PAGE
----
The Cowboys' Tight Ends Are Quietly Killing It

The Cowboys looked really good again. I'm questioning a lot of things.
The Cowboys looked really good again. I'm questioning a lot of things.

As the Cowboys have marched to their best seven game start since 2007, the accolades have been plentiful and plentifully spread around. DeMarco Murray has, deservedly, been lauded as the second coming of Tony Dorsett with each successive 100-yard performance. The defense is "improved" and "flying to the ball." Tony Romo is avoiding mistakes and converting third downs at a remarkable clip. The offensive line is the best in the league. You could hear all these things just watching the highlight shows between the end of Cowboys-Giants and the start of Broncos-49ers Sunday night.

One unit that hasn't received the plaudits, but is essential to what the Cowboys are doing on offense this year, is the team's tight ends. Jason Witten, Gavin Escobar and James Hanna were outstanding again Sunday and will continue to key the team as it moves toward the second half of the season.

Witten and Hanna's role in the running game against the Giants can't be overstated. The Cowboys were missing injured right tackle Doug Free and his replacement, Jermey Parnell, was making his third NFL start. Rather than leaning too heavily on the left side, behind soon to be All-Pro Tyron Smith, the Dallas offense was still able to gain consistent yardage running right by protecting Parnell with Witten and Hanna. Parnell is not as good as Free, but he proved a perfectly functional piece of a three-headed monster sealing the right edge. Until Free gets back, Parnell, with help, will work.

Witten's role in the passing game is much smaller this year. Some of that comes from the maturation of Dez Bryant, Terrance Williams and Escobar and the fact that Romo is just throwing the ball less often, but it shouldn't be overlooked that he is being asked to do a lot more grunt work. He may only have one touchdown catch through seven games, but he's still one of the offense's most valuable players. Hanna, as he has for the last three years, continues to be the good soldier, blocking consistently and starring on special teams despite a dearth of targets in the passing game.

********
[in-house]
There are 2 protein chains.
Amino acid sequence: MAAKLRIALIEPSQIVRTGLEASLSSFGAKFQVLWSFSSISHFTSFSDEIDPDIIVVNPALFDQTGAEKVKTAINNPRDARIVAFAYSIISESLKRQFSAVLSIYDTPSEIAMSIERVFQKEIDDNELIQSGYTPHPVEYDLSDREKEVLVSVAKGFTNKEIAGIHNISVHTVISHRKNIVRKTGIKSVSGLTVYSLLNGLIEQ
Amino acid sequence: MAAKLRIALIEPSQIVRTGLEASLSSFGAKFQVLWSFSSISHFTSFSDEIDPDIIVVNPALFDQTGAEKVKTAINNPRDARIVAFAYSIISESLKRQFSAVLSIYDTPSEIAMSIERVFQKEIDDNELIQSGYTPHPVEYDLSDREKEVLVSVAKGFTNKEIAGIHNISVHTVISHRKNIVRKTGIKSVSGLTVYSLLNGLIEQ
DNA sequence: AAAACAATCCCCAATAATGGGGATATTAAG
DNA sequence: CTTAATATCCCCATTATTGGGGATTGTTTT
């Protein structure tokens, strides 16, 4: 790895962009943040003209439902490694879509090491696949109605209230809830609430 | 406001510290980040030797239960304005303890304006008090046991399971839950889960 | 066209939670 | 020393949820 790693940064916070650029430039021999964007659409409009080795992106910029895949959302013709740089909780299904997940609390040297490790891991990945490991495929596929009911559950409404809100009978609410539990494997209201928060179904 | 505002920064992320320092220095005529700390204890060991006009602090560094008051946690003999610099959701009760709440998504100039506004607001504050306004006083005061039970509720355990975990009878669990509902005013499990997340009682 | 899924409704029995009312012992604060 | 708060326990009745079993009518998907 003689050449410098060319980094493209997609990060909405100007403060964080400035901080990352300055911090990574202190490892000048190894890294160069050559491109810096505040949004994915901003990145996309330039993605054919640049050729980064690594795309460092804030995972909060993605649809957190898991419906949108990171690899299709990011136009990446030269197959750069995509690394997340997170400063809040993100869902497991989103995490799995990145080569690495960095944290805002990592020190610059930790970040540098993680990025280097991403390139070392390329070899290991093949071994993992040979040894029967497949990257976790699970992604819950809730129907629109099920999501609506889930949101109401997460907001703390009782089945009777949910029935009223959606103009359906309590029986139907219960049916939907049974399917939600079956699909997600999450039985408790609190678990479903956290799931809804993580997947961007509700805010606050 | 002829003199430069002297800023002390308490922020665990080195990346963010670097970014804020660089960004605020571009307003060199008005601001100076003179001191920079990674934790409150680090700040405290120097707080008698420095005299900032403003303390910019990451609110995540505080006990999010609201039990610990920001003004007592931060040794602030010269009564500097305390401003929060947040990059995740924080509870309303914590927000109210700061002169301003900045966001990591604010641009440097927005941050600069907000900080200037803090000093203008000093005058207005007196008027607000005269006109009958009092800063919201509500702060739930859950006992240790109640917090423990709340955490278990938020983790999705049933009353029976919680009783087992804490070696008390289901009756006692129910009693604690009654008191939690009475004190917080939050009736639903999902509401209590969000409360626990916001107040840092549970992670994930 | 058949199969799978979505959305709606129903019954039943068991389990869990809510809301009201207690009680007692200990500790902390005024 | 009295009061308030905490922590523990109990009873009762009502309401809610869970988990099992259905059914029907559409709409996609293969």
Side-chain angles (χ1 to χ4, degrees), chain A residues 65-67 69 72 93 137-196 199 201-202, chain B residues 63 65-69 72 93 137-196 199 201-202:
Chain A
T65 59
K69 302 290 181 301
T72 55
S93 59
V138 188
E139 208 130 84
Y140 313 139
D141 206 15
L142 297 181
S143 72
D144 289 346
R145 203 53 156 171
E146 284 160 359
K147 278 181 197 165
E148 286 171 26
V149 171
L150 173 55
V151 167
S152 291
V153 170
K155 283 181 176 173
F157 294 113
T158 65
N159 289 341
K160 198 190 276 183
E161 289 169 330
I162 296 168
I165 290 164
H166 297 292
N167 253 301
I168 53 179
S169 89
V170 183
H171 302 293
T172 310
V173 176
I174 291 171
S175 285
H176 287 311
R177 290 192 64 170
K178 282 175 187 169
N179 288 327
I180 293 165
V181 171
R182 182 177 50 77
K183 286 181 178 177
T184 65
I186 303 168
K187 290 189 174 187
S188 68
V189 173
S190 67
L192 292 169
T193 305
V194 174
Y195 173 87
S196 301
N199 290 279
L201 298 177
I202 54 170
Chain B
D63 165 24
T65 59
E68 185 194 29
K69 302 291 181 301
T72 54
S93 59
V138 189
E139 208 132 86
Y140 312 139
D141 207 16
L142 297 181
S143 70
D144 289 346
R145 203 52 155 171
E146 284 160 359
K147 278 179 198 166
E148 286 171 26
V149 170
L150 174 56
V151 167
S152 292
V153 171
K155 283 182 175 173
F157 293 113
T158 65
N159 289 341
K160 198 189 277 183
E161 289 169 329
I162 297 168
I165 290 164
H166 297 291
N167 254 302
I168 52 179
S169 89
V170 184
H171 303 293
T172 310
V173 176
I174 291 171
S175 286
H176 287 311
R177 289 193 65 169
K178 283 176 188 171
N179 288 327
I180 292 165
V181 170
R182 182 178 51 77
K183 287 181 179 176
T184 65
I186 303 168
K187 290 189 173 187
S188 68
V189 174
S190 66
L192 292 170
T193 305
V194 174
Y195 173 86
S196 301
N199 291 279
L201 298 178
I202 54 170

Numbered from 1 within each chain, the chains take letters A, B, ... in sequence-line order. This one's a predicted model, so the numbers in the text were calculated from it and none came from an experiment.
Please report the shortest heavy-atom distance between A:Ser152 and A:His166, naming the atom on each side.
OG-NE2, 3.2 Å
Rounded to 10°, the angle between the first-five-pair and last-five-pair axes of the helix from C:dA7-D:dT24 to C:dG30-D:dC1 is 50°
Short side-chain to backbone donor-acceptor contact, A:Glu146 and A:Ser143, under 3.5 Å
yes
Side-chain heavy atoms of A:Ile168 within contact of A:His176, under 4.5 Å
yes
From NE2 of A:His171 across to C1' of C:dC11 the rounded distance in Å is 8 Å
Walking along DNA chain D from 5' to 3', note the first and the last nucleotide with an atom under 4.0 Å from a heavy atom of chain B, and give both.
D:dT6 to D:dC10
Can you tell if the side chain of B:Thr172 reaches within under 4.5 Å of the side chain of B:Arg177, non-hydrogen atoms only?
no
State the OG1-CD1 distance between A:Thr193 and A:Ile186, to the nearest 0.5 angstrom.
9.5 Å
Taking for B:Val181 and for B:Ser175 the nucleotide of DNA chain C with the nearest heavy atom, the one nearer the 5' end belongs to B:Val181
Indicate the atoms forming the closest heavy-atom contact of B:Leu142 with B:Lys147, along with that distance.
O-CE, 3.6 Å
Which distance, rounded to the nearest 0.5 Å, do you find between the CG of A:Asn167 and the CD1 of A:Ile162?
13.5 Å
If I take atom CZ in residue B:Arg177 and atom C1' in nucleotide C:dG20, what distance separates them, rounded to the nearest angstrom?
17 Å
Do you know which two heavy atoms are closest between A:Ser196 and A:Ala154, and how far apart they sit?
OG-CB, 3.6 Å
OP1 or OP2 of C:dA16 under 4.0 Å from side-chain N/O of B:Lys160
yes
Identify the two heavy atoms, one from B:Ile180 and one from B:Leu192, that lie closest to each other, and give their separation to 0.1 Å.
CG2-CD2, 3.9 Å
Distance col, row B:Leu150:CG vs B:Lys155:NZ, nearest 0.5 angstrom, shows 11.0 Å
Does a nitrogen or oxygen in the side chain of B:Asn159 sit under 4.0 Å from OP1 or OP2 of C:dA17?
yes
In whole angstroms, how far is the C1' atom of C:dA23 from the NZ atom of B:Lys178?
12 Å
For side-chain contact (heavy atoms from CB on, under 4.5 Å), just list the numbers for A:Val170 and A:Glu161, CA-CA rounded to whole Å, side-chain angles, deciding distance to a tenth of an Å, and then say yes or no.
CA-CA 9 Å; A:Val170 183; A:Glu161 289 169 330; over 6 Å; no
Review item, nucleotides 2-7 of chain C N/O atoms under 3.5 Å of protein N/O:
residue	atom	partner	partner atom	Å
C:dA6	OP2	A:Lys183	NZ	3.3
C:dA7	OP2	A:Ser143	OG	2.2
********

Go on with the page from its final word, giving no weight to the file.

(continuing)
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Now, in the last two weeks especially, Escobar is emerging as the guy to potential gobble up the red zone touches vacated by Witten. After catching his first touchdown of the season last week against Seattle, the 2013 second-round pick picked up two more against the Giants. The first, coming at the end of the Cowboys first scoring drive was a gorgeous team play. Facing a third-and-10 at the Giants 15 late in the first quarter, Bryant, lined up wide left ran a corner route, Witten sat down in the Giants coverage on the left hash just short of the goal line. With Romo's traditional red zone security blankets dragging attention to one side of the field, Escobar was left completely uncovered. Romo hit him as he waltzed across the back of the end zone for an easy score. Escobar also owes Bryant for his second TD. As Escobar ran a post, Giants safety Quintin Demps leaned ever so slightly in Bryant's direction allowing Romo to thread the ball to Escobar before Demps could recover. Escobar held on despite a big hit from Demps, putting the Cowboys up for good at 21-14 with 6:15 left in the third.

The diversity of skills shown by the Cowboys tight ends on Sunday shows what a complete offense the team has. Each unit -- Romo, the running backs, the wideouts, the offensive line and the tight ends -- seems perfectly suited to what Scott Linehan and company are trying to do. It's fun to watch in mid-October, and it'll be even better in mid-January.

Odds and Sods

  • Murray now stands alone for longest streak of 100-yard rushing games to start a season. If the injury gods and Scott Linehan smile on him, we may be lucky enough to see a 2,000-yard season. Emmitt Smith's Cowboys single-season rushing yardage record is 1,773.
  • Terrance Williams caught another touchdown. Ho-hum.
  • Dez Bryant's 151 receiving yard day included a late game Jordan shrug, which is just great.
  • As they have in all but the Seattle and Houston games, the Cowboys defense struggled to cover tight ends. Larry Donnell caught seven balls for 90 yards. He did lose two fourth-quarter fumbles though, so it wasn't all bad.
  • The Cowboys only turnover wasn't anyone's fault. Dez bryant fell down on a route, and Prince Amukamara picked off Romo. It led to a second-quarter Giants touchdown, but Dallas took care of the ball for the rest of the day. The biggest thing? Murray didn't fumble.
  • If the Cowboys aren't at least 9-2 heading into their Thanksgiving showdown with the Eagles, something will have gone wrong. They've got an awful Washington team in Arlington a week from Monday, then a tough game at home against the Cardinals, then the woeful Jaguars in London before getting the Giants in New Jersey after a week 11 bye. The 10-1 Cowboys against the 10-1 Eagles on Thanksgiving would be a helluva lot of fun.

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